Over the Christmas period, we’re republishing some of our lighter reading while the East Anglia Bylines editorial team take a much-deserved break. This article was first published in July 2022.
Travel the world from distant horizon to distant horizon and you will see a variety of cultures and religions. Yet wherever you go, a Christian church will, in the vast majority of cases, have a bell.
Originally, between the time of William the Conqueror and the War of the Roses these bells were intended to call the faithful to prayer or indicate danger to the location, however as time progressed they became used for other events, such as weddings and funerals.
Early bell technology
The bell was mounted on one quarter of a wheel, allowing the rope to be affixed to the outer rim and enabling a person to swing the bell from side to side, allowing it to ring.
As church bells grew in size, in order to be heard over greater distances, then teams of two, three or perhaps even four people were needed to cause the bell to swing. Further developments saw the quarter wheel become a half and in some cases a three quarter wheel to enable more control and ease of use.
The post reformation development of bell-ringing technology culminated in the full bell wheel. This enabled the bell to become inverted with the hammer pointing upwards, and the bell resembling a cup that, ironically, gave more opportunity for it and other bells, to be rung in sequence, forming a musical progression.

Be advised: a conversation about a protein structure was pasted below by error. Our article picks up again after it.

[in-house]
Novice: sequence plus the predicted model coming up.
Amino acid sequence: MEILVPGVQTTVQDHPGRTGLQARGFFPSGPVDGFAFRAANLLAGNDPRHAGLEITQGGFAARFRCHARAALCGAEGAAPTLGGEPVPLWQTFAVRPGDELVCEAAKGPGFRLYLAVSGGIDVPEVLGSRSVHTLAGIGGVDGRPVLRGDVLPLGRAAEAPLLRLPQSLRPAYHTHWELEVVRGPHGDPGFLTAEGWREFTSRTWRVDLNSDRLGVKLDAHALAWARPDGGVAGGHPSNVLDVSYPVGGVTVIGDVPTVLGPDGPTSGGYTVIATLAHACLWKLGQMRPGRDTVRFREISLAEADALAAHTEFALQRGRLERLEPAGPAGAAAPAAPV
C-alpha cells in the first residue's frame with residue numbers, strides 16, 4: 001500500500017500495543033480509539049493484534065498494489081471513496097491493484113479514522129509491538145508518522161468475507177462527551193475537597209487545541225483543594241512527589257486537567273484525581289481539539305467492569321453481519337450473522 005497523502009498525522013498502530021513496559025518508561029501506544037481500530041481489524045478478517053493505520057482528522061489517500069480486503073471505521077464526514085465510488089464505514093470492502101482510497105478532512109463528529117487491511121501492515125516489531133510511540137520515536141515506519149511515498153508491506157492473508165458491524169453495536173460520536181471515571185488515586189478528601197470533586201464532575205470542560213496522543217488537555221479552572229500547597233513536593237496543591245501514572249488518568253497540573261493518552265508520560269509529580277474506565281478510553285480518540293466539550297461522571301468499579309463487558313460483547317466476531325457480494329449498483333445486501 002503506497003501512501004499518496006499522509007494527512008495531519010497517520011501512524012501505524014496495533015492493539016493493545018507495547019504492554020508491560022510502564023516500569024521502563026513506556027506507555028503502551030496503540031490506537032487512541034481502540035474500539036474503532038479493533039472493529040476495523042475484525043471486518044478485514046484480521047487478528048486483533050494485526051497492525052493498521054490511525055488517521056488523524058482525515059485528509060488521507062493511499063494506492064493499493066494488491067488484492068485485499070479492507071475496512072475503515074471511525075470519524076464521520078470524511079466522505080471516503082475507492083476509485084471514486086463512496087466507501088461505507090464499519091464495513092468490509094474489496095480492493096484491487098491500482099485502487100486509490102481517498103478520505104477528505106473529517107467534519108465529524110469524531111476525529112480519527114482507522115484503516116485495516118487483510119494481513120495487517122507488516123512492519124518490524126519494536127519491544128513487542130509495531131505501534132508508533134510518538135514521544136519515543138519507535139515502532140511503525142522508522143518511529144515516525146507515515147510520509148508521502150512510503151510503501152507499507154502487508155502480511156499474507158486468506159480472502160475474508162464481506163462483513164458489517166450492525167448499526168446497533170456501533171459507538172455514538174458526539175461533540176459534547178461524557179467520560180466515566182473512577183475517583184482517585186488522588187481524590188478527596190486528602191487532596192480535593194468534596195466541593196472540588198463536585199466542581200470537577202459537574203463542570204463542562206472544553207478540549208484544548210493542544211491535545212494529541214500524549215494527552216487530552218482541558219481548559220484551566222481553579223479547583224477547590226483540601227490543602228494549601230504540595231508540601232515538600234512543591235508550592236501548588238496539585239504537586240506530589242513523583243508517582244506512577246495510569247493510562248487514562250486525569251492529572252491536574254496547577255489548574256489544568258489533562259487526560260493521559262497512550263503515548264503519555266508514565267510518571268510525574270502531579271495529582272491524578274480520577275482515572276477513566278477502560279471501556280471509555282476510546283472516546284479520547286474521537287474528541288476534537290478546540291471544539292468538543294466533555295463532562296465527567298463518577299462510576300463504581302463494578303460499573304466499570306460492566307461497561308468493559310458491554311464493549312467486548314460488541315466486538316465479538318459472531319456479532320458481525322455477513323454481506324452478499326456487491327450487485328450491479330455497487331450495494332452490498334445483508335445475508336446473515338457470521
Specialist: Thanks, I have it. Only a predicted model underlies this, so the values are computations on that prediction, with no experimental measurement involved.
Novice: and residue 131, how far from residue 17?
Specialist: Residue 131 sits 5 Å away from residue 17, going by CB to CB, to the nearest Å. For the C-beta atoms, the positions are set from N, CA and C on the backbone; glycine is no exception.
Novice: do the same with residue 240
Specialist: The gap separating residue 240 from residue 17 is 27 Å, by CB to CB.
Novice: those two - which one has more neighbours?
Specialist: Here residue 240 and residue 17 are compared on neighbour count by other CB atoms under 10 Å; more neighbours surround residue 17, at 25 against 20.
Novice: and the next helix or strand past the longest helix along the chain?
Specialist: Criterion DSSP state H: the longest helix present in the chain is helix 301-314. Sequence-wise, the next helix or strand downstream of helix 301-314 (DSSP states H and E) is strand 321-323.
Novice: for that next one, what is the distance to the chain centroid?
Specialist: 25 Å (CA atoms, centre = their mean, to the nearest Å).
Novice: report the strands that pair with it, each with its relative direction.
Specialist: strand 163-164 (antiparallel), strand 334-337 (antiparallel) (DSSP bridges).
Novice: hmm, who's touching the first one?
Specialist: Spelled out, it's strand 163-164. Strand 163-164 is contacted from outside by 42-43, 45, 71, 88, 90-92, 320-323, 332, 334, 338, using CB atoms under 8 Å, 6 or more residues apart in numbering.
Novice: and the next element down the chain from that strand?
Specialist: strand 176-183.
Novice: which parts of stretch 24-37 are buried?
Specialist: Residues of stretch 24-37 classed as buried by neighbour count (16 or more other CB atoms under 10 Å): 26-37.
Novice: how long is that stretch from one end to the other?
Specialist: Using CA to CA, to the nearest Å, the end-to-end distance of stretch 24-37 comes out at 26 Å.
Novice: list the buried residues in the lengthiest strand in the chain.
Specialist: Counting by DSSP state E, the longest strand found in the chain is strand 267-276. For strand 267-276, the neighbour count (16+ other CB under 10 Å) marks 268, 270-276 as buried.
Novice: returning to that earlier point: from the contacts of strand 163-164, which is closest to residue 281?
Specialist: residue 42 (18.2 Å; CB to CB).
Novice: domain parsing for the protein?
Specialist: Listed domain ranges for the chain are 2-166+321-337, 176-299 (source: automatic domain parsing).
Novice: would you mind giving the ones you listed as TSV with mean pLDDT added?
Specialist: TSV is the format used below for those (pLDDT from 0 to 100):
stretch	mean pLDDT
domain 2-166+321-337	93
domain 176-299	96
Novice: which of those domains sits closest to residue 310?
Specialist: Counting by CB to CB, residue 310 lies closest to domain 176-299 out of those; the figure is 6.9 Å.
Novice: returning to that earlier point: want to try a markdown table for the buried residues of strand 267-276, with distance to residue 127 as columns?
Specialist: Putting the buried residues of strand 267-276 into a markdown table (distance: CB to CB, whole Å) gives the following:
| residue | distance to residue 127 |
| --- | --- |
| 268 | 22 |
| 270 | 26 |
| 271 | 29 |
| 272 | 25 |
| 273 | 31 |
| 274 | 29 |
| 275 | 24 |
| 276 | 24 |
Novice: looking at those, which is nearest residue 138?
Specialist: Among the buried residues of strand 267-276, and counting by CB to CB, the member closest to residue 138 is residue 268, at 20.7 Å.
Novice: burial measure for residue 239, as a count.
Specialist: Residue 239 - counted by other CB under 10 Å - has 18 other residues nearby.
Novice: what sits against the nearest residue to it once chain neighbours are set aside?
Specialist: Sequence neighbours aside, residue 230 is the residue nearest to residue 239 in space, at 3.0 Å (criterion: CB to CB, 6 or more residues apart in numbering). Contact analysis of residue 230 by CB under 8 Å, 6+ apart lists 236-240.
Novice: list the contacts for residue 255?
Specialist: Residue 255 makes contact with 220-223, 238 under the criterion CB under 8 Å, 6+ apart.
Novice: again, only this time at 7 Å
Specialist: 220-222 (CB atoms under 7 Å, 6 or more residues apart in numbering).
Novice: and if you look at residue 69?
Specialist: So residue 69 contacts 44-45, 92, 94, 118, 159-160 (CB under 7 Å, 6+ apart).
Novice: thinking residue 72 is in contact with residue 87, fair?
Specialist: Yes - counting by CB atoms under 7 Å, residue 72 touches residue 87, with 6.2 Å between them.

The development of the full wheel also led to a series of competitions amongst villages and bell-ringers, especially as not only did lifting the bell into the inverted position take strength but to manipulate it as part of a team took skill.
With the development of the full wheel came an intrinsic risk: that of the bell not stopping in the vertical position but continuing to spin. To prevent that, the ‘stay’ – in effect a simple length of elm wood – was included. The idea was that the ash would break before the rest of the mechanism.
To this day the stay remains the breaching mechanism to prevent the bells momentum spinning the bell into a series of revolutions that would either rip the rope from the bell-ringers hand, or worse, rocket them skyward towards the ceiling.
Bell-ringing is a sport
Given that ringing a bell required both strength and skill as well as teamwork, it was considered a sport. It’s a designation that seems even more appropriate in the age of e-sports (competitive video gaming), as the determination of a team’s success was not so much in how they were seen, but how they were heard.
Unlike other forms of music, bell-ringing requires an individual to play a single note, in sequence. As a result the skill is not just musical timing but also the exact placement of the note.
This leads to another divergence from other forms of music with the bells playing progressions, with the bells changing position with each other, as opposed to a melody that could see some bells rest whilst the others play twice.
It is this uniqueness that led to it being called “Change-ringing” and, in time, the practitioners became known as campanologists.